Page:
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Who's the blame for Jason Villacampa waistline? Jason was a 19 year old student from San Francisco who stands five feet, six inches and weighed a "fatty" 255 pounds. That is a good 80-100 pounds too much. A lot of obese men like Jason, 20 million to be exact, blame themselves. These obese people blame their genes for the problem. But Jason wasn't so sure. Yes, he admits he ate large amounts of unhealthy food, but he points out that he had many partners in crime. Just like every other mom in America, his mother told him to finish everything on his plate. Just as Jason's mother said, "Think of the starving children." Unfortunately, over the years the plates he cleaned grew bigger as restaurants and restaurants increased portion sizes. Little did Jason nor his family know or notice that his waist line increased along with the increased proportions. They were all taken in by the quick, cheap, and tasty fast food that the fast food industries sold.
Then there were the TV commercials that led Jason's that led Jason to a long love affair with fast food, which started when his uncle gave free food to him after school. Alas while McDonald's jolly ads told Jason he deserved a "break today", and little did Jason know that it was bad for him. According to Dr. Michael Jacobson, the author of Restaurant Confidential, each time Jason ate a number one, a Big Mac, super size fries, and a large coke, Jason was getting 1,150 calories and 65 grams of fat. That's more than half the calories-and nearly all the fat-you need in a single day. And Jason's family, who were almost everyday fast food customers, didn't realize that they were damaging their health and their lives, until a love one passed away.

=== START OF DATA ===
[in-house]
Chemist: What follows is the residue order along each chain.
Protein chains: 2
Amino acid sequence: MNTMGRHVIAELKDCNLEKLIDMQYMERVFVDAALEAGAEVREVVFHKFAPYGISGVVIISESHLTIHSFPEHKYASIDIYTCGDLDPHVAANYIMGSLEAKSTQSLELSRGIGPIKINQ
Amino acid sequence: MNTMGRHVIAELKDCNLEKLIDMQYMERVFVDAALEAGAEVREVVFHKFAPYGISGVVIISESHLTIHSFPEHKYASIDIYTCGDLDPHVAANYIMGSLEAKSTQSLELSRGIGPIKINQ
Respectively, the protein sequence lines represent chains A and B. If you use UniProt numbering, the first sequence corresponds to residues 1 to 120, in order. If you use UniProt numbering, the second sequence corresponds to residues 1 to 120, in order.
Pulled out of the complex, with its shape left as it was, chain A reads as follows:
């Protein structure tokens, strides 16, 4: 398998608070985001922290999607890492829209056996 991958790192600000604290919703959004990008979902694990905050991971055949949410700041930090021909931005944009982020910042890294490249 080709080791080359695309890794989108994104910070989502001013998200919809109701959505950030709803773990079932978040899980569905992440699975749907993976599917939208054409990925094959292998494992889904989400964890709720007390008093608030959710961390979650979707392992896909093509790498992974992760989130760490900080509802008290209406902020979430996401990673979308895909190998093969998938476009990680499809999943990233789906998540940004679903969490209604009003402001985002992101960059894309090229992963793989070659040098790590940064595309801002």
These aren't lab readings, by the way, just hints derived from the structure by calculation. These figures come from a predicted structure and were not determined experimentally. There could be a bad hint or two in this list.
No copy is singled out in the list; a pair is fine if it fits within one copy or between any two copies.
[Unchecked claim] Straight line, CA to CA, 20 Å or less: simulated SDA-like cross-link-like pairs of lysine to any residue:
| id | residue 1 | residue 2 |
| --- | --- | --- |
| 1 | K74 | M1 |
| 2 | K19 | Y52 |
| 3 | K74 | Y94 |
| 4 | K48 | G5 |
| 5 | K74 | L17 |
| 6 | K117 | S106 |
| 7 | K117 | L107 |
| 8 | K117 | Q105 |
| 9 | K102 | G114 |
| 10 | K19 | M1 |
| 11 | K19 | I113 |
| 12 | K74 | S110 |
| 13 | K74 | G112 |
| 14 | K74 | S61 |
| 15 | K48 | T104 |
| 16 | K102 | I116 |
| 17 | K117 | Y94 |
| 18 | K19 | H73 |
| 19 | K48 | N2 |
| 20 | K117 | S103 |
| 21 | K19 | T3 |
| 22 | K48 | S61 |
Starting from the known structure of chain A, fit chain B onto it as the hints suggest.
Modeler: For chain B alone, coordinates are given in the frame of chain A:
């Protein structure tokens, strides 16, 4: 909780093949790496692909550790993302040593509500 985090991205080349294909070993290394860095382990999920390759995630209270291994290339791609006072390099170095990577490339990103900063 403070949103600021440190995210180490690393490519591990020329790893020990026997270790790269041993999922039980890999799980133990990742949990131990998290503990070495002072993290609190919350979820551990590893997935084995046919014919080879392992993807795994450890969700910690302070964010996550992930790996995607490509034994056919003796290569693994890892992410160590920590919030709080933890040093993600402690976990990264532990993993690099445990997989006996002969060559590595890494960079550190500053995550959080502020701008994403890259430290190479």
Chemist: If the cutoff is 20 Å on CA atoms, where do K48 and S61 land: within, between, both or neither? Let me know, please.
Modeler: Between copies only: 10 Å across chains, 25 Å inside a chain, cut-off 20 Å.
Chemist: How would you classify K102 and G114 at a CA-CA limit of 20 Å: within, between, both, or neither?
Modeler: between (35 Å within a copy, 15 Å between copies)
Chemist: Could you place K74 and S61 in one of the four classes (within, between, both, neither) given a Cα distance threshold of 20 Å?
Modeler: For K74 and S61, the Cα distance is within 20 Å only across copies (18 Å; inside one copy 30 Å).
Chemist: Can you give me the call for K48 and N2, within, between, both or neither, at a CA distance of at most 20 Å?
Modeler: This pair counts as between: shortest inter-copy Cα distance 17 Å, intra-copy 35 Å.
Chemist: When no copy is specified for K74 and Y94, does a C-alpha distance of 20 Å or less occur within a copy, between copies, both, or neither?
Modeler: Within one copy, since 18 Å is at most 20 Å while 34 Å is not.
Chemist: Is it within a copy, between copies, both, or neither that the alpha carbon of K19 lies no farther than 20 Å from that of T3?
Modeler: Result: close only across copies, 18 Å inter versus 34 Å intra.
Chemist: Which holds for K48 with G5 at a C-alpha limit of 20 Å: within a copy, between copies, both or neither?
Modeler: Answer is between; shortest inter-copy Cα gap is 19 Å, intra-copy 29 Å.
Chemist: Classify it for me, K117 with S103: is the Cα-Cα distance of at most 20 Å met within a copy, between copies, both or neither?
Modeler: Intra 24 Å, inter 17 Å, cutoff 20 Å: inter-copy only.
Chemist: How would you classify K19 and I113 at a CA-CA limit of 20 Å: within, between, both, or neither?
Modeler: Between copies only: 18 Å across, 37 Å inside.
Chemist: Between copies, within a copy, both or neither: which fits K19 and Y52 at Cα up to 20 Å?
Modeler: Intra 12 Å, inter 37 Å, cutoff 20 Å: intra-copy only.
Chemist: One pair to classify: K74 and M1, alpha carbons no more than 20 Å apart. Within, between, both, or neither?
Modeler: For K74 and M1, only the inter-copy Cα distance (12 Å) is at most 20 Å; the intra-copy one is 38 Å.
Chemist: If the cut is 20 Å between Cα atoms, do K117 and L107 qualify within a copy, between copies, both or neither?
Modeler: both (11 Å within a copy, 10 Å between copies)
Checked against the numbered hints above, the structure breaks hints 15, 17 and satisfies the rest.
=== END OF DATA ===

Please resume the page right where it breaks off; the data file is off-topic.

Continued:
Jason's father died of a heart attack, for he suffered a cardiovascular disease from high amount of fat and cholesterol in his system. Jason's father was a truck driver who would work until five in the morning, so only fast food franchises such as Jack in the Box and McDonalds were open. Jason's father the his average of four to five servings of French fries a week, for he didn't feel as if he needed to bring a "dull" sandwich with him. After that tragic incident, Jason now has his weight under control. He joined a fitness club and watches his calories and fat. But the task wasn't easy, for Jason went through the threat of heart disease, diabetes, and a premature life. And for this, he's not just mad at himself, he is also mad at the fast food franchises that sold him the unhealthy food that he wasn't even warned about. Jason said sadly, "I was taken in by these horrible images. I had an accomplice." Like Jason, millions of Americans are victims of the fast food industry's "secrets" behind their food.
In a society known for its time constraints, even eating is measured carefully against other priorities. Fast foods make the desk or the car seem like a dinning room. Many of us are late for work, so we detour on the way to work through the drive-in window for a quickly served value meal. We spend lunch hours working or shopping or doing an errand. We are on the run, waiting at the stoplight, or back at the office. When we get home from all these distractions, from football practice to working overtimes, fast food restaurants allow us to eat quickly without planning, without dressing up, without having to make many decisions, and without getting out of the car. For the hurried and over worked, it is an eat and run at reasonable prices.